Front Page Titles (by Subject) § 184.: The disability of infancy in respect to marriage.— - A Treatise on State and Federal Control of Persons and Property in the United States considered from both a Civil and Criminal Standpoint, vol. 2
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§ 184.: The disability of infancy in respect to marriage.— - Christopher G. Tiedeman, A Treatise on State and Federal Control of Persons and Property in the United States considered from both a Civil and Criminal Standpoint, vol. 2 
A Treatise on State and Federal Control of Persons and Property in the United States considered from both a Civil and Criminal Standpoint (St. Louis: The F.H. Thomas Law Book Co., 1900). Vol. 2.
Part of: A Treatise on State and Federal Control of Persons and Property in the United States considered from both a Civil and Criminal Standpoint, 2 vols.
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The disability of infancy in respect to marriage.—
In the general law of contracts, all minors are declared incapable of making a valid contract, and the law determines the age when they attain their majority and are freed from this disability. In most of the States the age of twenty-one is selected for both sexes, while in some of the States females become of age at eighteen. It matters not what may be the age determined upon, the imposition of the disability is an exercise of police power, and is justified on the ground, that on account of his immaturity the minor is not on equal terms with the adult, and for his own protection he is rendered unable to subject himself to possible extortion or imposition. If it were the policy of the law to impose the same liability upon the right of marriage, the further, and perhaps more important, reason may be urged that persons of such youthful age are unable to provide properly for the wants of a family, and as a protection to the State against pauperism the youth may be prohibited from marriage altogether until he arrives at the age of twenty-one, and his marriage declared absolutely void. But for various cogent reasons, especially the danger of increasing immorality and the delicacy of the situation of both parties, arising from the avoidance of the marriage of persons under age, infancy is no disqualification1 to the entrance into a completely valid marriage. If the minor is of the requisite physical capacity, the marriage will be valid, notwithstanding infancy; while the contract to marry, like all other executory contracts, is voidable by the infant, although binding upon the adult with whom he may have contracted.2 But, arising out of the parental control, authorized by the law, a minor may be prevented by his parents from marrying, if he does not elude them. The law requires the consent of the parents to the marriage, only as a preliminary justification of the marriage; but the want of the consent does not invalidate the marriage if it is actually consummated. The present policy of the law is opposed to such stringency, but it would be a lawful exercise of police power to make the consent of the parents necessary to the validity of the marriage.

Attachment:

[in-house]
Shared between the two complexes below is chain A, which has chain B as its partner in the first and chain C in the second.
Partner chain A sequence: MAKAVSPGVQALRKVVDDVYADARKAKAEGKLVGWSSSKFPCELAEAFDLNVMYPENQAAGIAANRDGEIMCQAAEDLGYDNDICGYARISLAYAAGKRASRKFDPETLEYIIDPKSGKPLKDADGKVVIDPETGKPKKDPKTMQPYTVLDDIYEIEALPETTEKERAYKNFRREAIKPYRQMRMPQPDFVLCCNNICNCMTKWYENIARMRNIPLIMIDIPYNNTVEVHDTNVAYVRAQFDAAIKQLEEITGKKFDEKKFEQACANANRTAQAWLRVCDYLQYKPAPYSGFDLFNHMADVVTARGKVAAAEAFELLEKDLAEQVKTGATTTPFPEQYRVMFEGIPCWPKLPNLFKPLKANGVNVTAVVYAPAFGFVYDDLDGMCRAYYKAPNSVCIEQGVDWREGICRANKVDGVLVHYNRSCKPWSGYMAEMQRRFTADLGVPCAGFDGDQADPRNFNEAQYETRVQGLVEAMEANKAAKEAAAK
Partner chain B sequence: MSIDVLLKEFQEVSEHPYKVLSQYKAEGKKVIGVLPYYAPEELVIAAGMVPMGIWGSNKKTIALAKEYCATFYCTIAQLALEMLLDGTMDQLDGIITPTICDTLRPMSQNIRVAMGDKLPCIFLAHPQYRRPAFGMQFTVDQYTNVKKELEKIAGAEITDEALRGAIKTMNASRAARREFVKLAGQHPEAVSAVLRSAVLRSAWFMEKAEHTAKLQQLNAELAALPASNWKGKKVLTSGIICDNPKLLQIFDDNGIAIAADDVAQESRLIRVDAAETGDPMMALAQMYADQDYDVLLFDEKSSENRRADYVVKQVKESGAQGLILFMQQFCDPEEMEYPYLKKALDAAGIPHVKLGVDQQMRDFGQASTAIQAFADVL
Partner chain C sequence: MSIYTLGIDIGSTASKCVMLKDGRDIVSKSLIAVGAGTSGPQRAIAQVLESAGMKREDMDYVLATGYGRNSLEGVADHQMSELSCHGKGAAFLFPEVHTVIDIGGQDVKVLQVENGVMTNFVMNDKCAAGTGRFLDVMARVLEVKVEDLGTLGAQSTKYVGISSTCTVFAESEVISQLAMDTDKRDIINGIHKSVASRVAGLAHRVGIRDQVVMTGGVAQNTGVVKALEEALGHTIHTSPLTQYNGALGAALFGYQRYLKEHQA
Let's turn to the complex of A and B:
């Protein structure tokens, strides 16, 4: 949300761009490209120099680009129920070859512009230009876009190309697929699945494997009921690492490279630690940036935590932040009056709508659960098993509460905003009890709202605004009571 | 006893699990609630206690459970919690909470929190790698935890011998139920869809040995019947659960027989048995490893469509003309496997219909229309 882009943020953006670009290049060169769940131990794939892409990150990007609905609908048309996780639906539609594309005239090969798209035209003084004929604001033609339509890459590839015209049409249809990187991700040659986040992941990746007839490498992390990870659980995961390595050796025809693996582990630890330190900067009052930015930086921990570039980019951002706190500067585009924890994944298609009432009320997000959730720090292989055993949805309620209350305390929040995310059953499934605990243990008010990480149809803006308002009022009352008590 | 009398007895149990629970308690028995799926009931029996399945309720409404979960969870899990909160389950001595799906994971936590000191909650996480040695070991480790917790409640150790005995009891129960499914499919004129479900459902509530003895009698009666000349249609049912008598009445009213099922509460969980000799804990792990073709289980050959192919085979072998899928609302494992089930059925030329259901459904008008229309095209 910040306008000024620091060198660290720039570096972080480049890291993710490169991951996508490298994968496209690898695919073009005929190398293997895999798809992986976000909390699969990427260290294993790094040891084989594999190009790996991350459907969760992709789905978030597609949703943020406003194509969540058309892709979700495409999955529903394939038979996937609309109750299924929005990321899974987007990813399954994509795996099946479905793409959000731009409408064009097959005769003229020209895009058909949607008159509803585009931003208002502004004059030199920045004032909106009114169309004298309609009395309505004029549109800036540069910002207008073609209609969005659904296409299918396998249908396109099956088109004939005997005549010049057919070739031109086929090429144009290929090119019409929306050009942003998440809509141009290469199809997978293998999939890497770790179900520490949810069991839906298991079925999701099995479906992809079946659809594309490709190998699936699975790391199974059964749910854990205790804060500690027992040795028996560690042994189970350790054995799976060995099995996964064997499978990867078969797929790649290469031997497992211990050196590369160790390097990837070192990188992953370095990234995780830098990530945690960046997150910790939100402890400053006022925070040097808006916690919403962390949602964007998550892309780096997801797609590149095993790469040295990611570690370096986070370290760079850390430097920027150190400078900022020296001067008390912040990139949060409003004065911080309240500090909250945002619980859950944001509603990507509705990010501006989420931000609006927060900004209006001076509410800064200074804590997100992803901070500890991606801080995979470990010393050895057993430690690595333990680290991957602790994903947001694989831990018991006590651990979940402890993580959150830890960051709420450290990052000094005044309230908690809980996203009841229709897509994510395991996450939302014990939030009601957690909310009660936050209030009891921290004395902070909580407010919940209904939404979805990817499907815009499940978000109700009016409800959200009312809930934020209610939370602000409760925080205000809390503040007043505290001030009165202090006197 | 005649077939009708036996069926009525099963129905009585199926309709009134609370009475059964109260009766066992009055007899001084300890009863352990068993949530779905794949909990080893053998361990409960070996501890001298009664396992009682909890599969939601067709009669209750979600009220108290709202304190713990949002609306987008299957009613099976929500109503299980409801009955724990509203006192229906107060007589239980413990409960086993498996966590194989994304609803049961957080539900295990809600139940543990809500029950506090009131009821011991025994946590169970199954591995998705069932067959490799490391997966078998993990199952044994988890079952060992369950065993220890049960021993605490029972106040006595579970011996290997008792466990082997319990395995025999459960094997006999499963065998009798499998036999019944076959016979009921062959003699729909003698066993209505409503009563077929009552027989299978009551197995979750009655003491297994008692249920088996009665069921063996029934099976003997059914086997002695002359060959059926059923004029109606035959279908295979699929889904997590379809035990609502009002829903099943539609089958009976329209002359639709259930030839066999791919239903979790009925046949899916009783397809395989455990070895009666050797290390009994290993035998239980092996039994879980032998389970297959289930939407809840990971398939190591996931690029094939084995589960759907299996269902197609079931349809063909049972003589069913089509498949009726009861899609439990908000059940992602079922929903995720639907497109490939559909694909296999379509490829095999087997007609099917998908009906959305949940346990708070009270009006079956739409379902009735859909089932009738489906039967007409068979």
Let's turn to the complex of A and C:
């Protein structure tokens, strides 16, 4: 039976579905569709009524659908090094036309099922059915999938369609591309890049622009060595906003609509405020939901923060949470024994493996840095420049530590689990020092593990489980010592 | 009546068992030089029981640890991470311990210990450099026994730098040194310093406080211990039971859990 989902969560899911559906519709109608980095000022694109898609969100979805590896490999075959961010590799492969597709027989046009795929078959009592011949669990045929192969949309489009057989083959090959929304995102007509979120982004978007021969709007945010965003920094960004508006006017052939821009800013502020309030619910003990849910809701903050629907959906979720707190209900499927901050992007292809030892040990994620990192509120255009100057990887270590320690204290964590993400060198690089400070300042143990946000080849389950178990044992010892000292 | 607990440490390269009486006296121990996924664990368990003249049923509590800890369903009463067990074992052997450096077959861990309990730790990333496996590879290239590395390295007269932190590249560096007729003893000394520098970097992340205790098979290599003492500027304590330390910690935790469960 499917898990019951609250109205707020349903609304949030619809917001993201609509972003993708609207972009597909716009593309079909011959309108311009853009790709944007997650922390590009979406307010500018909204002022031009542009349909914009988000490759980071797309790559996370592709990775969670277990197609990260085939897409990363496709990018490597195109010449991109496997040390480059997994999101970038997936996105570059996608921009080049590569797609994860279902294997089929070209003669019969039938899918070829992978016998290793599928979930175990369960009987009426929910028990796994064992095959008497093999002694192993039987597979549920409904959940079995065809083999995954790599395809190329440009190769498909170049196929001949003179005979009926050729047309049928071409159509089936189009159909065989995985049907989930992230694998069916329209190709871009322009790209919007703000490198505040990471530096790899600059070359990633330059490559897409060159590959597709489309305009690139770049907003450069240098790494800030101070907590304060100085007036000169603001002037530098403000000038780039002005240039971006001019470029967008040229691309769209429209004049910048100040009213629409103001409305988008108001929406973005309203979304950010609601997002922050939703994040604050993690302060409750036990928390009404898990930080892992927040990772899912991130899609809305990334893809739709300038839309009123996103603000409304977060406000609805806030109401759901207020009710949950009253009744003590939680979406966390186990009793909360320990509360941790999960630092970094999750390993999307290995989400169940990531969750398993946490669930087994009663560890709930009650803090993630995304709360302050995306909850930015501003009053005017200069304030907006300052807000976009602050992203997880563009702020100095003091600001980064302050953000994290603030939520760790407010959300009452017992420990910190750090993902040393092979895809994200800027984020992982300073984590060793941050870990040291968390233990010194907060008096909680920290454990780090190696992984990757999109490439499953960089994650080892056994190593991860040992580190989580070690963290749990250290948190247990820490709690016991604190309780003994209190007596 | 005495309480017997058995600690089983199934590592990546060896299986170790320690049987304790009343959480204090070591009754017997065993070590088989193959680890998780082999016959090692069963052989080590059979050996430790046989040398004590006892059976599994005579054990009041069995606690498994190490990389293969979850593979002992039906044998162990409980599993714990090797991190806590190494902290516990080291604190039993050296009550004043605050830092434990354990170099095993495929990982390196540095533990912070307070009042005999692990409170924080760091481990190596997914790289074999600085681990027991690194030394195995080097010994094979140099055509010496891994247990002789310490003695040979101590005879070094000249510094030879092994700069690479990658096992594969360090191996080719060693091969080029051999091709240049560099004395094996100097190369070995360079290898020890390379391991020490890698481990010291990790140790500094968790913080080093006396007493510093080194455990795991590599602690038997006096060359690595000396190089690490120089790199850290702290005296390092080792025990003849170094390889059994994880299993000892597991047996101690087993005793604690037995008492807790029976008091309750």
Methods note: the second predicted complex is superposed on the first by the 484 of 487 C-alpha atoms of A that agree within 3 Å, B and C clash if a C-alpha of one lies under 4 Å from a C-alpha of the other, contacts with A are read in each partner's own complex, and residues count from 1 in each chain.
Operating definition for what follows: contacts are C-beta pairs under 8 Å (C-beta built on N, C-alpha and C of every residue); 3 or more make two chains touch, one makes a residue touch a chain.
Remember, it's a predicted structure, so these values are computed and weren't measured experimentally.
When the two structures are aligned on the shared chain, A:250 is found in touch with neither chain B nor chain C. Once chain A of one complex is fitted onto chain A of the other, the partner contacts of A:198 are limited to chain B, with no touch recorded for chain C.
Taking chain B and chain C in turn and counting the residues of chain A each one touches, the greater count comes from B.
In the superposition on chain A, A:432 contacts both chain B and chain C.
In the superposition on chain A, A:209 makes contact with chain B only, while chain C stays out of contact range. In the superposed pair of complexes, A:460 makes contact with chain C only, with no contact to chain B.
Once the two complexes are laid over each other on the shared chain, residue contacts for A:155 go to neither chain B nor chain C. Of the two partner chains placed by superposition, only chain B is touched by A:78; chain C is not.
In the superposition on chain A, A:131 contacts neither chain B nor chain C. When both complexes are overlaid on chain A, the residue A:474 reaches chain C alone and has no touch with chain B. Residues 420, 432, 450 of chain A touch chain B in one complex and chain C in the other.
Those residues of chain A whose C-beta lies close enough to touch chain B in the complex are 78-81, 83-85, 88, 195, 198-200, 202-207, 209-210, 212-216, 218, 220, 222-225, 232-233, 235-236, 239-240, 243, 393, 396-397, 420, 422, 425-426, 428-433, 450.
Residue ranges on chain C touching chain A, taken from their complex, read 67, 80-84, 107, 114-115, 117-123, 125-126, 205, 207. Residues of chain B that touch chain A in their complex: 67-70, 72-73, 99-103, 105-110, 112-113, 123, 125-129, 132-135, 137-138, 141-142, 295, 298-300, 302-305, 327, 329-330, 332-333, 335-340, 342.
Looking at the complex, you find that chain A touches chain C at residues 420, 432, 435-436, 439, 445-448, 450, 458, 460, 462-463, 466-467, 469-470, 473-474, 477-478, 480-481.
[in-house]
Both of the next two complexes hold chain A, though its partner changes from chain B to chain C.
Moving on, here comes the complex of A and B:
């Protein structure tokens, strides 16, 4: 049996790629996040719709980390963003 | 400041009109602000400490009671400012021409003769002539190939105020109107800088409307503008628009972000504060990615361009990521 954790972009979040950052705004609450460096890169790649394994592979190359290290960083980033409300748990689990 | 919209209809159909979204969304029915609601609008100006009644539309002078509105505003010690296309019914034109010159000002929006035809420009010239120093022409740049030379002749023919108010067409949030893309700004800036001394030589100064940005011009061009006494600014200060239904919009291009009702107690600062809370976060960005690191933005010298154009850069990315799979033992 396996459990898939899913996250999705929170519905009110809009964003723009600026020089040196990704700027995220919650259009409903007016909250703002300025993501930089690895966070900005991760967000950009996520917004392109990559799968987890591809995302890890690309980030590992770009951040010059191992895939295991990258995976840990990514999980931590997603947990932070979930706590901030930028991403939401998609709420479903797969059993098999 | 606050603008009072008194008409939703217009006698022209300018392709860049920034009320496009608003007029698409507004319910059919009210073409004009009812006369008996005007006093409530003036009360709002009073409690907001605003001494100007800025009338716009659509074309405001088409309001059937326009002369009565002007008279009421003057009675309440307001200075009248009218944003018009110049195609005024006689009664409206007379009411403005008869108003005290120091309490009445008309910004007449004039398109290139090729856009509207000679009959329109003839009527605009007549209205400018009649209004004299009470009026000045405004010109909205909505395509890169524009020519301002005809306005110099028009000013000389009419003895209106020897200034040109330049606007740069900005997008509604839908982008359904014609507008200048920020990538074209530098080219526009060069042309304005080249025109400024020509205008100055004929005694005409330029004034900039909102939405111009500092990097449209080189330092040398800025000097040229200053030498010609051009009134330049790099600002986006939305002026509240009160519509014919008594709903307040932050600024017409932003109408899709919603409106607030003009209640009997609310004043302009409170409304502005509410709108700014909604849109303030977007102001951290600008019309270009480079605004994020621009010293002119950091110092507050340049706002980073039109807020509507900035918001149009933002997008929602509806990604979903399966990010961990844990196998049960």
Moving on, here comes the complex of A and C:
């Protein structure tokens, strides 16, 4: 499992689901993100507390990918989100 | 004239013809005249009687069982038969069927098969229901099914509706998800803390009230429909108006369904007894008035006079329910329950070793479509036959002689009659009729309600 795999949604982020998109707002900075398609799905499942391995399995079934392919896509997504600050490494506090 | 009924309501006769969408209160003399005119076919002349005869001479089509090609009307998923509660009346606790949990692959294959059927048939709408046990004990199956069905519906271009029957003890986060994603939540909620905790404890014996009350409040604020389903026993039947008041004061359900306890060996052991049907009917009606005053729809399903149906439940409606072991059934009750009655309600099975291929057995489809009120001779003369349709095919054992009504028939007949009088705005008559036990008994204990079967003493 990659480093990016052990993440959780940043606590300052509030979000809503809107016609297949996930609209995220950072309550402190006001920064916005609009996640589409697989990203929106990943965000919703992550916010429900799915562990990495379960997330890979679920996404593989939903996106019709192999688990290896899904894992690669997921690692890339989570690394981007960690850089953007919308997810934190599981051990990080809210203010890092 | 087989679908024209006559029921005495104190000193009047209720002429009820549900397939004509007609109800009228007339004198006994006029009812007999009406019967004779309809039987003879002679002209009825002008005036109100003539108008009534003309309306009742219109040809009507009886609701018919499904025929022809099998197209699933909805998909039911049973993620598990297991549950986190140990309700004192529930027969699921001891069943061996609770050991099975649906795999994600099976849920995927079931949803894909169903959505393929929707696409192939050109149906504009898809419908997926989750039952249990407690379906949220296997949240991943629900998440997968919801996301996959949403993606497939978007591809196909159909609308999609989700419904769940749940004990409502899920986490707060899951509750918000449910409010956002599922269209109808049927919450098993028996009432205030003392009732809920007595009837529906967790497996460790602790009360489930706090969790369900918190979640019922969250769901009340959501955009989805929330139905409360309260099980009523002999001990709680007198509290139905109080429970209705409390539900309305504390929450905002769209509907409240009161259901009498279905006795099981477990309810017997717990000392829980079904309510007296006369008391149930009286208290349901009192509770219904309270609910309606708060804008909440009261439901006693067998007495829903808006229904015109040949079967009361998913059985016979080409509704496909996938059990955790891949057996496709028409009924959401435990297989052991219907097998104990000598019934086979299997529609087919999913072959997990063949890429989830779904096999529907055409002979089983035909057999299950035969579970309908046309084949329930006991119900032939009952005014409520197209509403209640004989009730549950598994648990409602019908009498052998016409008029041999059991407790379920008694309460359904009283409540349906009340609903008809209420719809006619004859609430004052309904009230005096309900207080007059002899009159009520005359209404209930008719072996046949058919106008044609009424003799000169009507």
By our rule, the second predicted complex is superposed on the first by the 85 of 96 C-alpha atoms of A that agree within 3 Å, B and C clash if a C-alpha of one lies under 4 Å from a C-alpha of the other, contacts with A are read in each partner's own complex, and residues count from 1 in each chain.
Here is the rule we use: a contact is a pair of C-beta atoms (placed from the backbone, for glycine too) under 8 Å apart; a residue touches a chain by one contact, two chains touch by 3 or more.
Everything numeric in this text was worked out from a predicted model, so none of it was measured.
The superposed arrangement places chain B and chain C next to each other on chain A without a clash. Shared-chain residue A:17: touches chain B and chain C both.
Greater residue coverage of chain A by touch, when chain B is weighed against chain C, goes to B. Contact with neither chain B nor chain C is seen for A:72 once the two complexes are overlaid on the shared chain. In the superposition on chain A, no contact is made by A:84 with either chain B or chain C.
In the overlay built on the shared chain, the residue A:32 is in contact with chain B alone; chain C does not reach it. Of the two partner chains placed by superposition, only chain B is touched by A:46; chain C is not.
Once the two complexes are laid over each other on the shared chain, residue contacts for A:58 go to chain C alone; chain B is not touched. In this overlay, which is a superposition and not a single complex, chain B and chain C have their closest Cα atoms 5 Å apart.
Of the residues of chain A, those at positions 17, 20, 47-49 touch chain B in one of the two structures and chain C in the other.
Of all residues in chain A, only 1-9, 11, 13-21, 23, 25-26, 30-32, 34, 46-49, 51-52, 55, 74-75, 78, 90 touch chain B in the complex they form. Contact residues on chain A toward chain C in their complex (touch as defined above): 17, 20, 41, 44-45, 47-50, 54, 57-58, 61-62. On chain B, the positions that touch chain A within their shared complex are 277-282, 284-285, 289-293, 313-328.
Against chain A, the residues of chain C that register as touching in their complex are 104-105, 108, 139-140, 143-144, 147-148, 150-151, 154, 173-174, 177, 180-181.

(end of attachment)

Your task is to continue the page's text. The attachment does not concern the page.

While infancy in itself does not furnish any ground for invalidating a marriage, the physical incapacity arising from a tender age constitutes a natural incapacity, like general impotence, to perform one of the obligations of the marital relation, and more or less affects the validity of the marriage. The physical incapacity of a child renders the marriage inchoate, and it is completely valid only when there is cohabitation after his arrival at the age of puberty. The incapacity is natural; but in order to avoid the necessity of an actual investigation, in each particular case, into the physical capacity of the infant bride or bridegroom, the law provides that males under fourteen, and females under twelve, shall be held to be physically incapable of performing the marital functions. This regulation was derived from the civil Roman law; and, in the warm southern climate, the law no doubt represented correctly the physiological fact that at these ages the average child attained the full powers of a man or woman. But in the more northern latitudes the growth is slower, and children are usually immature at these ages; and changes have constantly been made in the law, in order that it may more readily conform to the actual age of puberty. Such a change has been made in North Carolina and Iowa, and perhaps in other States.1 But the appointment of an age, when the physical capacity will be presumed, is a police regulation, and is plainly justifiable on the ground that it promotes the general welfare, to avoid the delicate examinations that would otherwise be necessary to establish the fact of capacity; and the law cannot be called into question if it should vary from the physiological facts.
The common law also provides that the marriage of persons, either of whom is under the age of seven, is a mere nullity.2 Probably the prohibition rests in this case upon the ground of absolute mental and physical incapacity.
In all of these cases of police regulation of marriage between or by minors, the immaturity of mind or body constitutes the justification for the interference with the natural right, and their constitutionality admits of no question.
1 Bishop Mar. & Div., § 144; Gavin v. Burton, 8 Ind. 69.
1 Bishop Mar. & Div., § 143; Hunt v. Peake, 5 Cow. 475; Willard v. Stone, 17 Cow. 22; Hamilton v. Lomax, 26 Barb. 615; Cannon v. Alsbury, 1 A. K. Mar. 76; Kester v. Stark, 19 Ill. 328; Warwick v. Cooper, 5 Sneed, 659; Schouler Dom. Rel. 32.
1 Bishop Mar. & Div., § 142.
1 Bishop Mar. & Div., § 147